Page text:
John TomczykToday, compressor overheating is one of the HVACR industry’s most serious field problems. Compressor overheating is usually caused from high compression ratios. High compression ratios can be caused from a combination of high condensing pressures (temperatures) and low suction (evaporating) pressures.

Here are some of the causes for high condensing temperatures:

• Dirty condenser coils;

• Restricted condenser airflow (fan out);

• Air/noncondensable in the system;

• Overcharged system;

• High ambient temperature; and

• Recirculated condenser air.

Now, here are some causes for low suction pressures:

• Iced evaporator coils;

• Restricted evaporator airflow (fan out);

• Undercharged system;

• Dirty evaporator coil;

• End of the running cycle;

• Thermostat or LPC set wrong;

• Low evaporator heat load; and

• Defrost clock or heater malfunction.

Voltage Unbalance

While one of the more elusive causes of compressor motor overheating and failure is voltage unbalance, this column will address voltage unbalance in three-phase compressor motors. Voltage unbalance can be found with a voltmeter by measuring between phases on the compressor’s motor terminals, at the disconnect, or at the contactor or starter terminals. Some of the more common configurations in three-phase motor windings are the Wye and Delta configurations.

By simply measuring voltages between line 1 to line 2, line 2 to line 3, and line 3 to line 1 — and performing a few simple mathematical calculations — a wise technician can determine if there is a voltage unbalance problem.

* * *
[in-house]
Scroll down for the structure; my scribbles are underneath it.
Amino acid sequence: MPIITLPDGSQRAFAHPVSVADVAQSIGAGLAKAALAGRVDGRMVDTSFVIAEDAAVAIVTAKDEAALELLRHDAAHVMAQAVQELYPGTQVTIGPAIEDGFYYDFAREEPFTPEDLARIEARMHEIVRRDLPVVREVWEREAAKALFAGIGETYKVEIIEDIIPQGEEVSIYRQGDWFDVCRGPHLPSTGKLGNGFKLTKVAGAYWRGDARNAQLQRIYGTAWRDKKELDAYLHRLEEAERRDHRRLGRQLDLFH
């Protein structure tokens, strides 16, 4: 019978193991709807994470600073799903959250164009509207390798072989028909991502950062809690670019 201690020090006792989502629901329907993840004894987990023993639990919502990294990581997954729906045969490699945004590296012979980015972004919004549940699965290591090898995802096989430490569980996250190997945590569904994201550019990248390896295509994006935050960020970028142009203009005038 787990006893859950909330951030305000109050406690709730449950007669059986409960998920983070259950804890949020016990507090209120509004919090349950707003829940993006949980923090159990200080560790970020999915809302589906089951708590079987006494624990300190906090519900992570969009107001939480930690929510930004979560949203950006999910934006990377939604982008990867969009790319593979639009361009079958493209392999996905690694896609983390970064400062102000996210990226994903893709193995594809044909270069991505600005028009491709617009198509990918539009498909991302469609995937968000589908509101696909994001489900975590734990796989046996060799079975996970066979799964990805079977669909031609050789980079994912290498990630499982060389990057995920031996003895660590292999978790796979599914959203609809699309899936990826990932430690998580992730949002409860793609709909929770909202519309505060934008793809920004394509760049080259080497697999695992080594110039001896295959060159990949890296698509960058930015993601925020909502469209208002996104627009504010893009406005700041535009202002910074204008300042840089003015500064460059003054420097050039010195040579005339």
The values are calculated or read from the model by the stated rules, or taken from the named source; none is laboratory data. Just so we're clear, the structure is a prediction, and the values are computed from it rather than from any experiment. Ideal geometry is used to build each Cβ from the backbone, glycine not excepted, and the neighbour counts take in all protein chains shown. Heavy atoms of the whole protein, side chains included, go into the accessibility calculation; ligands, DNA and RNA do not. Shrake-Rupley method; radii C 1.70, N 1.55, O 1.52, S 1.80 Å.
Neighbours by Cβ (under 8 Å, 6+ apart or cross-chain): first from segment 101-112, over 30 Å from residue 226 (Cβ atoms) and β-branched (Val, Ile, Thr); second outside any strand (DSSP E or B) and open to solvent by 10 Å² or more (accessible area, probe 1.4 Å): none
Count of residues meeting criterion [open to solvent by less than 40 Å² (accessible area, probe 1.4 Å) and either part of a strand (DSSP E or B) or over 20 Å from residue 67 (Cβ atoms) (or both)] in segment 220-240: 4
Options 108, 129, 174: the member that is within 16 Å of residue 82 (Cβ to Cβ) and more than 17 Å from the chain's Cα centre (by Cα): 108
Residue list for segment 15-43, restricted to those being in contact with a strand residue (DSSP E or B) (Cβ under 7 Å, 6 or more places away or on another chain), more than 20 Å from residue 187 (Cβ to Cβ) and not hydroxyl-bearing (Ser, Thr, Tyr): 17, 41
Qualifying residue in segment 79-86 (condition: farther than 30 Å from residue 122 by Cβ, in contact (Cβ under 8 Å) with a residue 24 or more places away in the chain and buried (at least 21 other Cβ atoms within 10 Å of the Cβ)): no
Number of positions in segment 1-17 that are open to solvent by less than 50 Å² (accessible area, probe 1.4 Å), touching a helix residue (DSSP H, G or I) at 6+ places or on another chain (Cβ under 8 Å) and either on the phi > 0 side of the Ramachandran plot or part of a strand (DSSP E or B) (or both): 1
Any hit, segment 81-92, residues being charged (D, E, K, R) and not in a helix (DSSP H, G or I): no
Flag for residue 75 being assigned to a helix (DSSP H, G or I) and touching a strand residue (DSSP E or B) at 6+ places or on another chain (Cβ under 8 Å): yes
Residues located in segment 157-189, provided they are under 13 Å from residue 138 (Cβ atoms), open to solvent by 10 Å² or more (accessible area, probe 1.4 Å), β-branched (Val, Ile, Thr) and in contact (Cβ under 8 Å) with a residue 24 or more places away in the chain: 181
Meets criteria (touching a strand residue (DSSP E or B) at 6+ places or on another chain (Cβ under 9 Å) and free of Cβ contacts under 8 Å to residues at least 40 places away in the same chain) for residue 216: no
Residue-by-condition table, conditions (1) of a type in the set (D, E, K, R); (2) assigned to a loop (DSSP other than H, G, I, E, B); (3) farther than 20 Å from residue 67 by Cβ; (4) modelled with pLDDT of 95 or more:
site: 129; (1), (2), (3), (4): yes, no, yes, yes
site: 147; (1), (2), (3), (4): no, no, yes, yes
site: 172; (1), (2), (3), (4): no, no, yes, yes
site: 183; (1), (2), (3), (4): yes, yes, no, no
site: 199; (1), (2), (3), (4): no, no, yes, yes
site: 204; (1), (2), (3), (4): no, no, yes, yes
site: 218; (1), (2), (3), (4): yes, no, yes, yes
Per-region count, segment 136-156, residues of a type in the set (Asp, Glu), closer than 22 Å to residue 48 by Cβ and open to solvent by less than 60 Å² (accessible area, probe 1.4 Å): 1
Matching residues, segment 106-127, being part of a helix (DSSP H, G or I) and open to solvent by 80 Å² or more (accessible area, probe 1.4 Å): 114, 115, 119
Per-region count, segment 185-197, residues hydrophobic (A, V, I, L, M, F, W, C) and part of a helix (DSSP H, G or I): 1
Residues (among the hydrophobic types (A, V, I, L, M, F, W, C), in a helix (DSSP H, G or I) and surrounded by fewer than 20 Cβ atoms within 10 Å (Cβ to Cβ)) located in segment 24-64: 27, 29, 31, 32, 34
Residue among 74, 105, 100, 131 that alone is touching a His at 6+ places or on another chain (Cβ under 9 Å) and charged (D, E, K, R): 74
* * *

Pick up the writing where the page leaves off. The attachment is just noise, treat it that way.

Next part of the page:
Voltage unbalances exceeding more than 2 percent in three-phase systems can cause current unbalance among the windings. These voltage and current unbalances can cause an increase in winding temperature and an overheating problem that can be detrimental to the motor. Three-phase motor terminals are connected directly to the motor windings. Motor windings are housed in the motor barrel. The motor barrel houses, protects, and cools the motor windings as superheated refrigerant gas flows through the motor barrel.

Measuring Voltage Unbalance

Now let’s look at an example of how to measure voltage imbalance.

Step 1

Measure line voltage between phases. Here are three readings:

line 1 to line 2 = 216 V

line 2 to line 3 = 223 V

line 3 to line 1 = 225 V

Step 2

Average the three line voltage readings.

216 V + 223 V + 225 V = 664 V

664 V ÷ 3 = 221.33 average V

Step 3

Find the unbalance for each phase by figuring the difference between each phase voltage (Step 1) and the average volts (Step 2). Note: Make sure the subtraction comes out to be a positive number.

line 1 to line 2 = 221.33–216 = 5.33 V

line 2 to line 3 = 223–221.33 = 1.67 V

line 1 to line 3 = 225–221.33 = 3.67 V

Step 4

Take the largest unbalance in Step 3, which in this case is 5.33 V, and divide it by the average found in Step 2. Multiplying by 100 puts it in a percentage form.

Here is the equation for the information noted previously.

Percentage Unbalance = (largest unbalance ÷ average volts) x 100.

Percentage Unbalance = (5.33 ÷ 221.33) x 100.

Percentage Unbalance = 2.4 percent.

As mentioned earlier, a voltage unbalance exceeding more than 2 percent in three-phase systems can cause excessive current unbalance among the windings. This above calculated voltage unbalance of 2.4 percent exceeds the 2 percent limit, and can cause an increase in winding temperature that is detrimental to the motor. In fact, this equation governs how voltage unbalance affects the temperature rise in the motor.

Percentage Temperature Rise = 2 x (percent voltage unbalanced) 2

Percentage Temperature Rise = 2 x (2.4)2

Percentage Temperature Rise = 11.52 percent

This equation shows that the voltage unbalance of 2.4 percent caused an 11.52 percent increase in winding temperature over the motor’s normal operating winding temperature. The building owner and local power company should be notified of the unbalance problem.

Publication date: 5/6/2013 

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